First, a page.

DEVELOPMENT AND PREVENTION OF CHILDHOOD OBESITY
Location: Children Nutrition Research Center (Houston, Tx)
Title: One hundred percent orange juice consumption is associated with better diet quality, improved nutient adequacy, and no increased risk for overweight/obesity in children
| O'Neil, Carol - |
| Nicklas, Theresa - |
| Rampersaud, Gail - |
| Fulgoni Iii, Victor - |
Submitted to: Nutrition Research
Publication Type: Peer Reviewed Journal
Publication Acceptance Date: September 6, 2011
Publication Date: September 20, 2011
Citation: O'Neil, C.E., Nicklas, T.A., Rampersaud, G.C., Fulgoni III, V.L. 2011. One hundred percent orange juice consumption is associated with better diet quality, improved nutient adequacy, and no increased risk for overweight/obesity in children. Nutrition Research. 31:673-682.
Interpretive Summary: The purpose of this study was to examine if certain associations existed regarding 100 percent orange juice consumption by children 2 to 18 years of age with intakes of select nutrients, food groups, diet quality, weight status, and associated risk factors. Using complicated statistical approaches we found that the usual intake of 100 percent orange juice in younger orange juice consumers exceeded the age-dependent recommendations. The consumption of 100 percent orange juice at these levels was associated with nutritional benefits for all children, including better diet quality and increased intake of key nutrients under consumed or of public health concern, and other biomarkers of positive health outcomes. Notably, consumption of 100 percent orange juice at current levels was not associated with body weight or adiposity. Reasonable levels of 100 percent orange juice should be encouraged for children and adults as a component of a healthy diet.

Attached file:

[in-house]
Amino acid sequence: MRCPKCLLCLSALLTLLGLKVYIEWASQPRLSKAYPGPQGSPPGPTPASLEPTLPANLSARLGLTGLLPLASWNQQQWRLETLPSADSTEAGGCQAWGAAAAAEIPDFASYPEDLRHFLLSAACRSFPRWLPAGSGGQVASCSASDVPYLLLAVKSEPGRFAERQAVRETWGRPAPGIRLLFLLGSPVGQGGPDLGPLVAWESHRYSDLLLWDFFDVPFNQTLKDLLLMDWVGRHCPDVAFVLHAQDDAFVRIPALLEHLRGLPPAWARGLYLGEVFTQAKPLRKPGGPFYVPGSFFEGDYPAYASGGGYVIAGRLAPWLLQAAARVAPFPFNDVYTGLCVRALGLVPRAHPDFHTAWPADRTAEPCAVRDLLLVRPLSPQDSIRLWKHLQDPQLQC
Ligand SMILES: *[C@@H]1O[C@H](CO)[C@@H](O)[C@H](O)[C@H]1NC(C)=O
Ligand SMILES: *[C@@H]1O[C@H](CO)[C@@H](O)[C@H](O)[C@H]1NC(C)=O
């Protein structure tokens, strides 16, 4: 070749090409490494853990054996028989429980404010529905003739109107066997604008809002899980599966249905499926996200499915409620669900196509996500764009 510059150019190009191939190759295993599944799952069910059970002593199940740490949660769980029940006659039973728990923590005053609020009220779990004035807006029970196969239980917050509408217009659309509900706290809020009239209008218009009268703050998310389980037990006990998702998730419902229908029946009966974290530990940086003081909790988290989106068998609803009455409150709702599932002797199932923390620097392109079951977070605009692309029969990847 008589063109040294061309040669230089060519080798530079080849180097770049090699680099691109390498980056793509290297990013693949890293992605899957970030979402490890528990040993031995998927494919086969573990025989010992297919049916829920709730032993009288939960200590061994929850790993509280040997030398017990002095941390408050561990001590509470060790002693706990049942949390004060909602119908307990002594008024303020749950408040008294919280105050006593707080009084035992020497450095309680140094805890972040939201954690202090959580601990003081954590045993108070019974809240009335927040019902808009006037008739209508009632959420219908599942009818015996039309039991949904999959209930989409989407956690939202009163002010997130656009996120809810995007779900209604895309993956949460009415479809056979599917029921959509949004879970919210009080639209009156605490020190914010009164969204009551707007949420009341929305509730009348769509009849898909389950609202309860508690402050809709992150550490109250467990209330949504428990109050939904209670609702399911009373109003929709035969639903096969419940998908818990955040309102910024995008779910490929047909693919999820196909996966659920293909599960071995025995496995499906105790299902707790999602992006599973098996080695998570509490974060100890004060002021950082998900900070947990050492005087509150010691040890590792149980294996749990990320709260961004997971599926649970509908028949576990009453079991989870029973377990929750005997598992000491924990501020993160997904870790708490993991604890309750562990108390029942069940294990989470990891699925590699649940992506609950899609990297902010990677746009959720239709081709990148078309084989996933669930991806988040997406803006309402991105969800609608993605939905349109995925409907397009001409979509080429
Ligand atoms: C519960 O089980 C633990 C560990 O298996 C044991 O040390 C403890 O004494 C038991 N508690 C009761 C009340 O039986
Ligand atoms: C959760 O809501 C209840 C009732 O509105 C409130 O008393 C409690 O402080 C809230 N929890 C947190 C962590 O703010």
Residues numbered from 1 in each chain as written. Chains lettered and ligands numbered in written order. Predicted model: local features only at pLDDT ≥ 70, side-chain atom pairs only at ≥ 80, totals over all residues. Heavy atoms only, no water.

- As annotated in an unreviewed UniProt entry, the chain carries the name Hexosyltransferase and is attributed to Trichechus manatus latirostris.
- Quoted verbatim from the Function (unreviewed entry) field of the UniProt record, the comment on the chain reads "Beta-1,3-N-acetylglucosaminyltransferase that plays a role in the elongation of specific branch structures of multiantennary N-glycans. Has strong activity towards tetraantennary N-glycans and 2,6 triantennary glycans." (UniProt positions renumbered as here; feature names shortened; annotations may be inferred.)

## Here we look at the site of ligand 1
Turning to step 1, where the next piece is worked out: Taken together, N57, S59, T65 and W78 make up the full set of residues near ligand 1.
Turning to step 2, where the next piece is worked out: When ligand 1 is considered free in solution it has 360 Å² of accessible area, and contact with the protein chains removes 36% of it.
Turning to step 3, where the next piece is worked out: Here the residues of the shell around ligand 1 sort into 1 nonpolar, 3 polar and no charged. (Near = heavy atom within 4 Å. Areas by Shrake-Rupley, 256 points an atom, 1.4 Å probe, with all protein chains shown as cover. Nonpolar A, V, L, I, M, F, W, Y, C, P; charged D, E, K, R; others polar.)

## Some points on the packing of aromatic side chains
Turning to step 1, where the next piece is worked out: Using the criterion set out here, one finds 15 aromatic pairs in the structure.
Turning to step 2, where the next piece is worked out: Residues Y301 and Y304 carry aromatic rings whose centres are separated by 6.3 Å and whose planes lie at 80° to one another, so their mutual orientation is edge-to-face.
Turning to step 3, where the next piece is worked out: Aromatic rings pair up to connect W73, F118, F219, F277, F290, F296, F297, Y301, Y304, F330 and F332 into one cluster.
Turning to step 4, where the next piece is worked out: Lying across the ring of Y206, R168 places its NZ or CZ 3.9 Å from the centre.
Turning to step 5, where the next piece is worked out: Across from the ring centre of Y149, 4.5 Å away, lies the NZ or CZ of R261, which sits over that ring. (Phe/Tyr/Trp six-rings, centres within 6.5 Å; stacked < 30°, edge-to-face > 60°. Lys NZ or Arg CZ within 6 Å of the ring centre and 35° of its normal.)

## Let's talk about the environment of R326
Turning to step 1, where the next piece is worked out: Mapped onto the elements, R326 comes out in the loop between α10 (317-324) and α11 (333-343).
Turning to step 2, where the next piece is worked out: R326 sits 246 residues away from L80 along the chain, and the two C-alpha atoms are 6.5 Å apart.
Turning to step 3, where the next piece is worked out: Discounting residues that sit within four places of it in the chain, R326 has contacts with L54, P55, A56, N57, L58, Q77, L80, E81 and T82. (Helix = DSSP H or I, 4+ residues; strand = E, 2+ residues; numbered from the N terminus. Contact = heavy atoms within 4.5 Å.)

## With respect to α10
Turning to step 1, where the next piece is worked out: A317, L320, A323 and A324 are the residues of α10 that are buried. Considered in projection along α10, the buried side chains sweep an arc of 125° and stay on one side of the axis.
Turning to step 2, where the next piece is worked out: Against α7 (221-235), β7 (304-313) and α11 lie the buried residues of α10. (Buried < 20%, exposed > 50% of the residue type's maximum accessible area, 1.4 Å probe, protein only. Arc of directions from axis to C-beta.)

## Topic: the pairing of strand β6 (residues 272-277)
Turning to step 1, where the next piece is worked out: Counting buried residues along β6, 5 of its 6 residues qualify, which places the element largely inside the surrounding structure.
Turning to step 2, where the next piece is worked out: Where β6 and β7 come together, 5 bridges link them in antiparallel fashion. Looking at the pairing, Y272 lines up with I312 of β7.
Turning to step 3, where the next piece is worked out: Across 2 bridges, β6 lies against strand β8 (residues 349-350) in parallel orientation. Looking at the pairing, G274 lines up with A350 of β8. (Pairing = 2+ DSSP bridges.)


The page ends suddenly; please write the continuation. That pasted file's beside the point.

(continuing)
The purpose of this study was to examine the association of 100 percent orange juice consumption by children 2 to 18 years of age (n = 7250) participating in the 2003 to 2006 National Health and Nutrition Examination Survey with intakes of select nutrients, MyPyramid food groups, diet quality-measured by the Healthy Eating Index–2005, weight status, and associated risk factors. The National Cancer Institute method was used to estimate the usual intake of 100 percent orange juice consumption, selected nutrients, and MyPyramid food groups. Percentages of the population below the Estimated Average Requirement were determined. Covariate adjusted logistic regression was used to determine if consumers had a lower odds ratio of being overweight or obese. Usual per capita intake of 100 percent orange juice
was 1.7 oz/d. Among consumers, the usual intake of 100 percent orange juice for children was 10.2 oz/d. Consumers had higher energy intakes than nonconsumers. However, there were no differences in weight or body mass index in consumers and nonconsumers, and there was no significant difference in the risk of being overweight or obese between consumers and nonconsumers.Compared with nonconsumers, consumers had a higher percentage of the population meeting the Estimated Average Requirement for vitamin A, vitamin C, folate, and magnesium. The Healthy Eating Index–2005 was significantly higher in consumers. Consumers also had higher intakes of total fruit, fruit juice, and whole fruit. Moderate consumption of 100 percent orange juice should be encouraged in children as a component of a healthy diet.